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Province tables further restrictions on public drug use

The BC government has put forward legislation to further regulate public drug use.  

If passed, regulations surrounding public drug use would be in line with regulations in place for alcohol, tobacco and cannabis consumption.  

The proposed legislation was announced today by Premier David Eby and minister of public safety Mike Farnworth. 

Both say the amendments are critical to ensure people feel safe in their communities, while still working towards the overall goal of decriminalization of reducing stigma and providing necessary support.  

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“British Columbians overwhelmingly agree addiction is a health matter. At the same time, they’re also concerned about open drug use in public spaces, especially near where kids play,” said Eby.  

“That’s why we’re taking this critical step similar to how we regulate smoking or alcohol use in public, to help people feel safer in their communities, and ensure people who use drugs can be connected to safer and more appropriate spaces with the services they need.”    

The announcement came just a few weeks after the province announced Health Canada approved an amendment to the original decriminalization legislation.  

The approved revisions expanded the list of exempt areas where decrim doesn’t apply to include play structures, spray parks, skate parks and other child-frequented recreation locations, with enforcement allowable under the Controlled Drug and Substances Act.  

If the legislation is passed, drug use will be prohibited within a six-meter radius of both residential and commercial building entrances, six metres of bus stops and in parks, beaches and sports fields. Additionally, it would prohibit drug use within a 15-metre radius of locations exempt from decriminalization.  

Eby said the proposed regulations closely align with rules in place for tobacco, alcohol and cannabis use and provide clarity to local governments surrounding the consultation process with their health officer and local health authority before adopting additional bylaws to regulate public drug use.  

As far as enforcement, the provincial regulations require local police authorities to refrain from punitive measures (unless violations occur in an exempted area) and rather have them educate the individual on a safe or more appropriate area to consume.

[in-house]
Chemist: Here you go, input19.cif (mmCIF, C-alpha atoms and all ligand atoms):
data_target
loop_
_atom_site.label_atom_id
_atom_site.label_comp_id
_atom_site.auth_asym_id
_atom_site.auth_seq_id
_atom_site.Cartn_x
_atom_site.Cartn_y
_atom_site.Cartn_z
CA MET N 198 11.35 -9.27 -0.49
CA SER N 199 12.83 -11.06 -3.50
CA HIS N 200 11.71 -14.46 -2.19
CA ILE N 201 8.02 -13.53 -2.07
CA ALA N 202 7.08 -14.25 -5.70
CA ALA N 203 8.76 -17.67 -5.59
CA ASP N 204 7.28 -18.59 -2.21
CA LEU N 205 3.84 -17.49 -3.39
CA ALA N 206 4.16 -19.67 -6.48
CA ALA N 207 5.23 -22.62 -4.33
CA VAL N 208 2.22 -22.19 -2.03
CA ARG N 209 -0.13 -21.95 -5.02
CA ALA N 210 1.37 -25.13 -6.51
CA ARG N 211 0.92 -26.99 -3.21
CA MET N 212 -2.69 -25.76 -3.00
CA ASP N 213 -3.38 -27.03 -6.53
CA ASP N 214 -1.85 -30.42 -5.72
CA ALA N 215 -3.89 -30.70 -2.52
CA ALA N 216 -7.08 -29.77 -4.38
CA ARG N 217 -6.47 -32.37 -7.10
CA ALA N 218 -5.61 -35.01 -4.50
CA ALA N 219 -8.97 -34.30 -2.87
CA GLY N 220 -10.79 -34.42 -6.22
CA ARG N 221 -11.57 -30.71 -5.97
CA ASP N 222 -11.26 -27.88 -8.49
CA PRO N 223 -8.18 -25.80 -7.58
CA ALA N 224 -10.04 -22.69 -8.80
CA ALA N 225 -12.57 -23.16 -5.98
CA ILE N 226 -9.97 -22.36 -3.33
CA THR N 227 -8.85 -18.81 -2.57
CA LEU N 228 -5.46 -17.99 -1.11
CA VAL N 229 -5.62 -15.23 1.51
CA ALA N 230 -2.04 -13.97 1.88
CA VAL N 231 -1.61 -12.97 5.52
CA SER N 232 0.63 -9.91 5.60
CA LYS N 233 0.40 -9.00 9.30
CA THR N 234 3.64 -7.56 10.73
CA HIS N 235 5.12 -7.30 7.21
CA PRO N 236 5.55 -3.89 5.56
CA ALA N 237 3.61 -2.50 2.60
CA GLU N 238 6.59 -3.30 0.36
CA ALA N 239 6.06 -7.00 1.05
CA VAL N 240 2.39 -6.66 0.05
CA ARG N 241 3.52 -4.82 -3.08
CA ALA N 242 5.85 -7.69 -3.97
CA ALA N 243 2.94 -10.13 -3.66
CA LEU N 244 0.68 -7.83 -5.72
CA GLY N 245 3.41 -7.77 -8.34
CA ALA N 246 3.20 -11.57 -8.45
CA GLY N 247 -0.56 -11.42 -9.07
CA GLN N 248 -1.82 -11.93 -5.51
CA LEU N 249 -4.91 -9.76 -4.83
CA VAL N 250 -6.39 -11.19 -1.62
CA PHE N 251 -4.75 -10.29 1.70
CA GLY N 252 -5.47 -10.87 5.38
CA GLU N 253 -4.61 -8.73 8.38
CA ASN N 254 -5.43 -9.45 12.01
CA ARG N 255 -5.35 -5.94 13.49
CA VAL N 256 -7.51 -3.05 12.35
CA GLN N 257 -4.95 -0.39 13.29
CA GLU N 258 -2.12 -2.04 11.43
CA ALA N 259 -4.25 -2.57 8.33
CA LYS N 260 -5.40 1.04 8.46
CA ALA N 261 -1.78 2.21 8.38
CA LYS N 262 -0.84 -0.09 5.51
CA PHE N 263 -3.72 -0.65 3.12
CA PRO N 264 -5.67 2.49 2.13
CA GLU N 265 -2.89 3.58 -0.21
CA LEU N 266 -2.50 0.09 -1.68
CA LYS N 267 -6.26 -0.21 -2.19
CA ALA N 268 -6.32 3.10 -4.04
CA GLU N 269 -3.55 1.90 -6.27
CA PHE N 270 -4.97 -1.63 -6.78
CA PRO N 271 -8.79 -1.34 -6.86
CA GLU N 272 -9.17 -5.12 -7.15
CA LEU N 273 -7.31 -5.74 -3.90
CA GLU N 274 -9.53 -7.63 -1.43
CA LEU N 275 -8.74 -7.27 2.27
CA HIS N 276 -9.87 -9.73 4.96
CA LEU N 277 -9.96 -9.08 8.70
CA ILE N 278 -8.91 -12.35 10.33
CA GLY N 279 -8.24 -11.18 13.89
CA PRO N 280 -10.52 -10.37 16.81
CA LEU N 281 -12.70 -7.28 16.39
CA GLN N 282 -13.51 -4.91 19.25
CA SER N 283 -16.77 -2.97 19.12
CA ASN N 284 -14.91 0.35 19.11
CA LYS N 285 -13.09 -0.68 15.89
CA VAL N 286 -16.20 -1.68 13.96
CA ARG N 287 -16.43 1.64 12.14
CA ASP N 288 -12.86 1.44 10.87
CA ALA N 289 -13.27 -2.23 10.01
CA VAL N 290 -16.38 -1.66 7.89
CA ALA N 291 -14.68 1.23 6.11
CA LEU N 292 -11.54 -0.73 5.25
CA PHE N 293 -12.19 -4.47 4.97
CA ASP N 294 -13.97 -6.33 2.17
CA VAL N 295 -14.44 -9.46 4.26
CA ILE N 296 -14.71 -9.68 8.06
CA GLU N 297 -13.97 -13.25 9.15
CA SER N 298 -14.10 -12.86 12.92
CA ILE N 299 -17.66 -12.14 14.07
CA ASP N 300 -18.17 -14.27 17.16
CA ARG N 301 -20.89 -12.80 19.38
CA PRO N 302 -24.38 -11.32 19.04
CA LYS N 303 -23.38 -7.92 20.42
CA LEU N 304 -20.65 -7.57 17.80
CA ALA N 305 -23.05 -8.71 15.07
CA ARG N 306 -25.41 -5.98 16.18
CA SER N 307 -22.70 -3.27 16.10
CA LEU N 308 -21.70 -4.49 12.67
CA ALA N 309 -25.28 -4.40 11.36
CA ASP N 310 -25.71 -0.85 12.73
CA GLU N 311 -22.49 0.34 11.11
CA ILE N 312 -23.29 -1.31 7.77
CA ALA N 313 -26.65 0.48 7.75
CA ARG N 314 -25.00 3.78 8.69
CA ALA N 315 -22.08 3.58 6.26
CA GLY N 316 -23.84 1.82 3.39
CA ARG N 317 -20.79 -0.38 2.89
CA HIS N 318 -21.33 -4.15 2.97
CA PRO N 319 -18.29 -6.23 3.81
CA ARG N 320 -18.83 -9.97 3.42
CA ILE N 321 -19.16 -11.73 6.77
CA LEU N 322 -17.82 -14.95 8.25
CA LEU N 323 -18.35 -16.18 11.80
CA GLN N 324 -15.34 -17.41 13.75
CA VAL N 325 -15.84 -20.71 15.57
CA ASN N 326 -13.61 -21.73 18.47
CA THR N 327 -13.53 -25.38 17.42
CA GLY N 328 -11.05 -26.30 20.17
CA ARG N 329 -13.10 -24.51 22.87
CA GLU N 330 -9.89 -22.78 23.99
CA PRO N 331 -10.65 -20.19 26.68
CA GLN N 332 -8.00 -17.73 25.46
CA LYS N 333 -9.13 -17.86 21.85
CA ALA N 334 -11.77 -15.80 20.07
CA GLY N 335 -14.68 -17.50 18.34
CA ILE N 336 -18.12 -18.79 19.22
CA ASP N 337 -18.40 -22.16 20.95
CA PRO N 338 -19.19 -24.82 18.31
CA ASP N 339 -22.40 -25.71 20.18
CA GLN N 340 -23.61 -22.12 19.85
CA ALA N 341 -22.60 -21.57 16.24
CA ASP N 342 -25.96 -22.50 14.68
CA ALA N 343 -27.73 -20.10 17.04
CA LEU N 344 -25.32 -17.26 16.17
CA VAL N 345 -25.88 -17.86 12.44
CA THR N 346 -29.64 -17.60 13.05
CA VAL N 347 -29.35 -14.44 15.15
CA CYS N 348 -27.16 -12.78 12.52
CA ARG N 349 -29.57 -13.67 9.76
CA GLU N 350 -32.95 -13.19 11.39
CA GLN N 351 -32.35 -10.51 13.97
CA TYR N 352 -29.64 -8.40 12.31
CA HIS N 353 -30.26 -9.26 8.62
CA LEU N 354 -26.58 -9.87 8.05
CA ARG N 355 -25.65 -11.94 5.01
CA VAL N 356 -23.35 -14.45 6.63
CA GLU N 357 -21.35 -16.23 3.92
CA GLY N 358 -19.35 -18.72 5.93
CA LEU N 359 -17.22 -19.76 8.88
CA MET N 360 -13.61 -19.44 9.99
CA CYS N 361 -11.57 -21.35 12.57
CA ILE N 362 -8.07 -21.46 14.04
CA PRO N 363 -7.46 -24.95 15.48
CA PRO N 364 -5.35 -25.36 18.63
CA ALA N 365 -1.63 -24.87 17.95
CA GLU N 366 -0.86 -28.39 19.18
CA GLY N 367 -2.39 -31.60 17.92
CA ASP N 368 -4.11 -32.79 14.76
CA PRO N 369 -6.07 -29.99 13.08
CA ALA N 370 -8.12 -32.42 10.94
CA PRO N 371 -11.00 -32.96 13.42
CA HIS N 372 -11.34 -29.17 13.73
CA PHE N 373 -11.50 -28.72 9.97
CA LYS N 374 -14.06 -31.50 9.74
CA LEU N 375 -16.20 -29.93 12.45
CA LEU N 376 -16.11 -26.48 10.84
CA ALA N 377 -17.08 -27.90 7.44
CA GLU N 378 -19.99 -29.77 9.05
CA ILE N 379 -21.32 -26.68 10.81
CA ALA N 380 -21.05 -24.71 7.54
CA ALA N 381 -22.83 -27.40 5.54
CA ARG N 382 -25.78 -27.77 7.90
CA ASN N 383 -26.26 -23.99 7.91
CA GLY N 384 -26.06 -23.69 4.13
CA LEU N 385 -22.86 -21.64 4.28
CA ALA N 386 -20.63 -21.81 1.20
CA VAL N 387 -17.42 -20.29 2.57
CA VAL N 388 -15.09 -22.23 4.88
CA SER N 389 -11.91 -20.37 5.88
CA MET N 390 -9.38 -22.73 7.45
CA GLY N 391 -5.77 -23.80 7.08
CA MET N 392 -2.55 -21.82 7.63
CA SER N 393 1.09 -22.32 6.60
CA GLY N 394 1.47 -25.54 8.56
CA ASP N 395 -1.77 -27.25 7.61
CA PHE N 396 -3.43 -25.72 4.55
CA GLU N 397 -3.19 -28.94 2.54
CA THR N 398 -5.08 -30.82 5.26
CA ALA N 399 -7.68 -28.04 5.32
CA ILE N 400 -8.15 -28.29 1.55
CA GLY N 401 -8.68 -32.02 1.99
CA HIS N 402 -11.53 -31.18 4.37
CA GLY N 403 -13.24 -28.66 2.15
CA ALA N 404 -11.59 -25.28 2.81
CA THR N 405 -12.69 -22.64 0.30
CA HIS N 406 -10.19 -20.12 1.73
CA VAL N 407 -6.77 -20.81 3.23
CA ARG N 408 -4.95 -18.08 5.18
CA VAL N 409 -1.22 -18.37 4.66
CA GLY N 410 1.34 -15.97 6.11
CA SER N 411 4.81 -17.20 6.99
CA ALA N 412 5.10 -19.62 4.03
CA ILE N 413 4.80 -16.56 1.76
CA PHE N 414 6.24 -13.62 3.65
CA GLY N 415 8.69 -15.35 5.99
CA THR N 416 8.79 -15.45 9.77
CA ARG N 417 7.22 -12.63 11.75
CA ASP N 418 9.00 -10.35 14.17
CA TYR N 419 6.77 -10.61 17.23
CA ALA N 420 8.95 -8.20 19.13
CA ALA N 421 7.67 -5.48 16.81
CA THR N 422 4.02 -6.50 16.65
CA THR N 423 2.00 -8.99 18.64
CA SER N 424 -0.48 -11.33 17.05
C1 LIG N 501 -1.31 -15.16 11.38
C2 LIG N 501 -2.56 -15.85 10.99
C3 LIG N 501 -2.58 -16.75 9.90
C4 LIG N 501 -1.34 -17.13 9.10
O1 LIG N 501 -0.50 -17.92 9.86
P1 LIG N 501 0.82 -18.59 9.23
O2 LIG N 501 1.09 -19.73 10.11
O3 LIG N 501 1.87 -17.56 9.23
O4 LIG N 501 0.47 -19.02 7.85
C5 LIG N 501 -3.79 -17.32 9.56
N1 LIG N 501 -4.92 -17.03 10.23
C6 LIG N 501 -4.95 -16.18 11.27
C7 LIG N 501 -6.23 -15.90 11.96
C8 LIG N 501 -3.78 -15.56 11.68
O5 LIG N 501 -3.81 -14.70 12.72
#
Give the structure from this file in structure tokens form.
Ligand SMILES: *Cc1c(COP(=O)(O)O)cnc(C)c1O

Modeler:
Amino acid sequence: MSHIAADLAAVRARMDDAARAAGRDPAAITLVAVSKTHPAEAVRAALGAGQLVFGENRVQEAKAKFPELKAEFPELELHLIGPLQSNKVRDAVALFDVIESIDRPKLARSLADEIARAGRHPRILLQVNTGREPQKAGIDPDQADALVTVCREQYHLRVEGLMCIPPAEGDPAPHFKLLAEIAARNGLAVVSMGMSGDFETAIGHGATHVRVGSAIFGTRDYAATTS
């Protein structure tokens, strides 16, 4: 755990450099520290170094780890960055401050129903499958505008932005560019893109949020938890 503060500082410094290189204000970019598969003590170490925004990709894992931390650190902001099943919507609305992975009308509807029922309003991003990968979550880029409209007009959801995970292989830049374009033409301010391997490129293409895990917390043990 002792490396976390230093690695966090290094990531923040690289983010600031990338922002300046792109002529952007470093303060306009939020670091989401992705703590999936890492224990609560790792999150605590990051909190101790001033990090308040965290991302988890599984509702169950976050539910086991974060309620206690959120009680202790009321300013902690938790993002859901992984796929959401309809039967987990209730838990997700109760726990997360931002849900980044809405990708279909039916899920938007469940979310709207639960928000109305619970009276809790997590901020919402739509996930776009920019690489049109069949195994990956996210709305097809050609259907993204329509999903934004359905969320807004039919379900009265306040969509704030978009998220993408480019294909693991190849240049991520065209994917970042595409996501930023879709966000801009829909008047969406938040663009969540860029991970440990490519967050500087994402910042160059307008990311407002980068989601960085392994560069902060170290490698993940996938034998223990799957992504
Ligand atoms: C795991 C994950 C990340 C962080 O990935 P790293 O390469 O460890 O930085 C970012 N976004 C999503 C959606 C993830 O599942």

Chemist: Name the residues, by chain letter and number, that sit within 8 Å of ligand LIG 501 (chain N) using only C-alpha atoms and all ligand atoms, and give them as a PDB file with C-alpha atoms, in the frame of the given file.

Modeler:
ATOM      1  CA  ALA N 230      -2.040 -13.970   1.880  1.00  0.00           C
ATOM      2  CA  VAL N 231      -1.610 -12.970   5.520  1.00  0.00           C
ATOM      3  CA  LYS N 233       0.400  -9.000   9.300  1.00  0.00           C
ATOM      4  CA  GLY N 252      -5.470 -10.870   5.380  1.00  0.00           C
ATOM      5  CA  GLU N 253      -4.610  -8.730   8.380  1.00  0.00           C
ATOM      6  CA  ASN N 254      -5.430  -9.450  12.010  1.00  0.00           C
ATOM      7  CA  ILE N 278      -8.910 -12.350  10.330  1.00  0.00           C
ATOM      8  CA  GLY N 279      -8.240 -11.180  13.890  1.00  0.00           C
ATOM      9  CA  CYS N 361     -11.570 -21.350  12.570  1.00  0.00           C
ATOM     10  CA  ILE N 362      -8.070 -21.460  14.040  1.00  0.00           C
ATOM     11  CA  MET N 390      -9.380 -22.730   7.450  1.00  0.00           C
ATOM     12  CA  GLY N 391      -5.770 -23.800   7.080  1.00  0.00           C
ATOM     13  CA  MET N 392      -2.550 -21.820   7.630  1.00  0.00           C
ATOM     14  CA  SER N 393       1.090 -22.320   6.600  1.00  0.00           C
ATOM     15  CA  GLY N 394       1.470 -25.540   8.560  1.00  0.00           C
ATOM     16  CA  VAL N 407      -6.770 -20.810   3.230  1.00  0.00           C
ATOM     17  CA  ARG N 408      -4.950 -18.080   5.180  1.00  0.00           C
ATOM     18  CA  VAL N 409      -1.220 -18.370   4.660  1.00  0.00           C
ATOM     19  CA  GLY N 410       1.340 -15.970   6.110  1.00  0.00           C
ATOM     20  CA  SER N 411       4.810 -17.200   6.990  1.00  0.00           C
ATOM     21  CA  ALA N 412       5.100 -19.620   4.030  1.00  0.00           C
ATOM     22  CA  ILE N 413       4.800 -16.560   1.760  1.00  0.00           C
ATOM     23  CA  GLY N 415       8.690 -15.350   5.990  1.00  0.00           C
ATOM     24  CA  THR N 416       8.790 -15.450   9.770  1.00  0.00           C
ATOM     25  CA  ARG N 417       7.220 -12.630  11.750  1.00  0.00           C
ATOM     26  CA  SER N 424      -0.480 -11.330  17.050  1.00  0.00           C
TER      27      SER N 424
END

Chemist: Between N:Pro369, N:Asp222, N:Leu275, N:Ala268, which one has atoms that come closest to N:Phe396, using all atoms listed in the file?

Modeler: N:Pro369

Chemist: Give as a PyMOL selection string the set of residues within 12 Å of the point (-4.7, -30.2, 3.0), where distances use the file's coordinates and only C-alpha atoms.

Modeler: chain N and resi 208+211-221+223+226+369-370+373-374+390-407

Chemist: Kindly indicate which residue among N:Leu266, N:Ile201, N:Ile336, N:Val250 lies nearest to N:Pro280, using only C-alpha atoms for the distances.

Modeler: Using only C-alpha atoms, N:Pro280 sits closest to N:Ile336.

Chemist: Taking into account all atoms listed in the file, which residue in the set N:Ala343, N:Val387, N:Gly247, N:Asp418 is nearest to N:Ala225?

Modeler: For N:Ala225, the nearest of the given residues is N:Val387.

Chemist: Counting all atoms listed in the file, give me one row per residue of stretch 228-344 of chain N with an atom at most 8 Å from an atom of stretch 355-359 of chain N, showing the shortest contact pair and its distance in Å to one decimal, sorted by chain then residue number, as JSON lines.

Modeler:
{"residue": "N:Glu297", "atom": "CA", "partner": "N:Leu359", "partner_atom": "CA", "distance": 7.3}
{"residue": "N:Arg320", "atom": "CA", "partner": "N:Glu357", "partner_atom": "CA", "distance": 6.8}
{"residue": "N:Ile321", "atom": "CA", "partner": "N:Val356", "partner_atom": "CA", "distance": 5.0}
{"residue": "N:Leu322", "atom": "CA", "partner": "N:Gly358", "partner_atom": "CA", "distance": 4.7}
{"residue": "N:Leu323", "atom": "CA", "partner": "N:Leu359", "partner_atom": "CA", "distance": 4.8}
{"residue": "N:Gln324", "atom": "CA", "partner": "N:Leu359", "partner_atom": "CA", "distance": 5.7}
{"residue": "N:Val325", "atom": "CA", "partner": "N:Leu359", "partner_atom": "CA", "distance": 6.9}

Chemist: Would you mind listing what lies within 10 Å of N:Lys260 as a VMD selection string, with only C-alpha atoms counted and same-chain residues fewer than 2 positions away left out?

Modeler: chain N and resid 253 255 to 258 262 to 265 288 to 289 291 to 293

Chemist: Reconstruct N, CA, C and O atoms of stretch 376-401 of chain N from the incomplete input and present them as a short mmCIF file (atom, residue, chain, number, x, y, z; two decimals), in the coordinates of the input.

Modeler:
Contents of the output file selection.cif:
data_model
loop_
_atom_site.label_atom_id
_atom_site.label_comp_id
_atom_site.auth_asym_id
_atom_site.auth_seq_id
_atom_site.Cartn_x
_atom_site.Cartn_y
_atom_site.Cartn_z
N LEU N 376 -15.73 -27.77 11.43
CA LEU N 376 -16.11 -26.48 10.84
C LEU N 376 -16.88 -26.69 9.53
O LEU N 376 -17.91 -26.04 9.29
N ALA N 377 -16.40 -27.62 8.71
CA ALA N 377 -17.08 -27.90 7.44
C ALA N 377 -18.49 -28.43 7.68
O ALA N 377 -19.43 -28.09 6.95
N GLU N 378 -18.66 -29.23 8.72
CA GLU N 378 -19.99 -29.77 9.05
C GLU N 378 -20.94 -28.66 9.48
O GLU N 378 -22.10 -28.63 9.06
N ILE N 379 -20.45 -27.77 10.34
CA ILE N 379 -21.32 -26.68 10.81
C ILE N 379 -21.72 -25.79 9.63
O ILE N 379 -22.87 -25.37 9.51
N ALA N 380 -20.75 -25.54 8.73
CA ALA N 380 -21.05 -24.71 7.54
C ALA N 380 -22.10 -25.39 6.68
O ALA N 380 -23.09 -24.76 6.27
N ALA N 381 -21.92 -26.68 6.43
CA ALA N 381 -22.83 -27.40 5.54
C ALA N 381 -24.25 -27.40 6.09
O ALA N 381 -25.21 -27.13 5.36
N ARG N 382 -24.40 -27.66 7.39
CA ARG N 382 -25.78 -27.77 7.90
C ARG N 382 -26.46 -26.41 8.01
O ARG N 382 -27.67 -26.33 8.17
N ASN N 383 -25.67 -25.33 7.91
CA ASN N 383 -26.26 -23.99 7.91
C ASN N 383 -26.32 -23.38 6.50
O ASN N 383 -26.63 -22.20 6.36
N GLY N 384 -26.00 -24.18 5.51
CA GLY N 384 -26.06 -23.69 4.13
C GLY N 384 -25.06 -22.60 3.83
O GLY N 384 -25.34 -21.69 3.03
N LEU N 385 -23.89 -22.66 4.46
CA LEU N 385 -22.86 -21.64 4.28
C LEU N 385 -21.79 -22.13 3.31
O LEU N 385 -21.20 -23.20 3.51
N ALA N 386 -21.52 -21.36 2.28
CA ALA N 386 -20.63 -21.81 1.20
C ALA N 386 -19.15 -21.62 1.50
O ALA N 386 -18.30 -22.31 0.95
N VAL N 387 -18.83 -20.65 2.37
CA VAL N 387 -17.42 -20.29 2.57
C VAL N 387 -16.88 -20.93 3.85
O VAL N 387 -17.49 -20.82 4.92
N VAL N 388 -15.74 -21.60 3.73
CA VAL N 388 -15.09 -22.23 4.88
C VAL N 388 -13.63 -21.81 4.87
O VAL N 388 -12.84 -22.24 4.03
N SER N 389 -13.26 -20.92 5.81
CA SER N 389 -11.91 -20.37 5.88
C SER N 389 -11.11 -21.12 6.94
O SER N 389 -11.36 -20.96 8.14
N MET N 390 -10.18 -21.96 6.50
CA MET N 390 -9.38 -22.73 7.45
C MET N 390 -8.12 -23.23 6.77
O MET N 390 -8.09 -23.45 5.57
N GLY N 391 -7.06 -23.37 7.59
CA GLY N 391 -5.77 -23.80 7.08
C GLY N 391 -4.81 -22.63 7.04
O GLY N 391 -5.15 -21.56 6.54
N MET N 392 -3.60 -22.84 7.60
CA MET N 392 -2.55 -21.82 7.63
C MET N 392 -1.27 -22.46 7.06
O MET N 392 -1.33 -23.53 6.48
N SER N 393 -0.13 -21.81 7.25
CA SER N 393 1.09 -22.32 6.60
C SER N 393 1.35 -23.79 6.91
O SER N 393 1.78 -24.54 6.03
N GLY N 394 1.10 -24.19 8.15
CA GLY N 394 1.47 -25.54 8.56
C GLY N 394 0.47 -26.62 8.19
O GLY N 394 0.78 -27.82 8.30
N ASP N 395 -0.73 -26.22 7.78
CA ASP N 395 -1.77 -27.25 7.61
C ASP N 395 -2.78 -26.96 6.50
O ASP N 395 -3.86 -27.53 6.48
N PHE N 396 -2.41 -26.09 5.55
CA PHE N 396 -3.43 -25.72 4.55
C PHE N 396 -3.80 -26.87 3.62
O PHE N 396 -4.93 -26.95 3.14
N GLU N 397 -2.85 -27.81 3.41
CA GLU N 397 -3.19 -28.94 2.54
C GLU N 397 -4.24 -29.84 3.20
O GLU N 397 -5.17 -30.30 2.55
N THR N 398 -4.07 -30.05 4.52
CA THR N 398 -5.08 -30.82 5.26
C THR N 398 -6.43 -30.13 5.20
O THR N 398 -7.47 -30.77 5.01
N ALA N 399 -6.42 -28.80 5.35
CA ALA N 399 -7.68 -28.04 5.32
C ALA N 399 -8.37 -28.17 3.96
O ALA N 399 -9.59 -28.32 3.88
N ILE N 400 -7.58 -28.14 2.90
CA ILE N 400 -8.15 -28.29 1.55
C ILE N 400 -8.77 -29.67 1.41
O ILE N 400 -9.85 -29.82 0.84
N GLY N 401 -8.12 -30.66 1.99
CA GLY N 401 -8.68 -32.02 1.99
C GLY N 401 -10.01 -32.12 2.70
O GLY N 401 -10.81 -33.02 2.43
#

However, if a person refuses to comply, police have the right to proceed with appropriate enforcement measures.

Concerns were brought up by reporters surrounding Eby’s statement that violators will be directed to accessible resources and safe places to consume, considering many municipalities, especially in rural and remote areas, lack the appropriate resources and locations to direct users to. 

Eby responded by reiterating his statement at the UBCM convention that the province is experiencing a shortage of health care workers, which has prevented some projects from getting underway, but they are exploring solutions.  

However, he also identified an additional challenge when he said some municipalities have resisted operating overdose prevention sites in their community.  

“We are willing to work with local leadership to make sure that there are safe places with services attached that people can be directed to. We have had a challenge frankly in some communities that are not interested in having overdose prevention sites in their town or city,” said Eby.  

“I hope that with this legislation that they recognize how these pieces are going to work together to be able to support people, get them into the right place and connect them into the system to get the care they need.” 

Decriminilzation was never meant to enable the use of hard drugs in public, according to Eby, who said the changes will make that clear and provide a solution to communities who have expressed concerns surrounding the issue.  

“The original policy put forward was that if you are in possession of a list of drugs, you’re struggling with addiction, we’re not going to arrest you, take you to the criminal court, put you in jail. We need to continue to de-emphasize responding to addiction with criminal law.  

“The only way that’s going to continue is if British Columbians understand they don’t have to give up their right to access parks, bus stops or businesses in order for us to treat people with compassion and understanding about their addiction.” 

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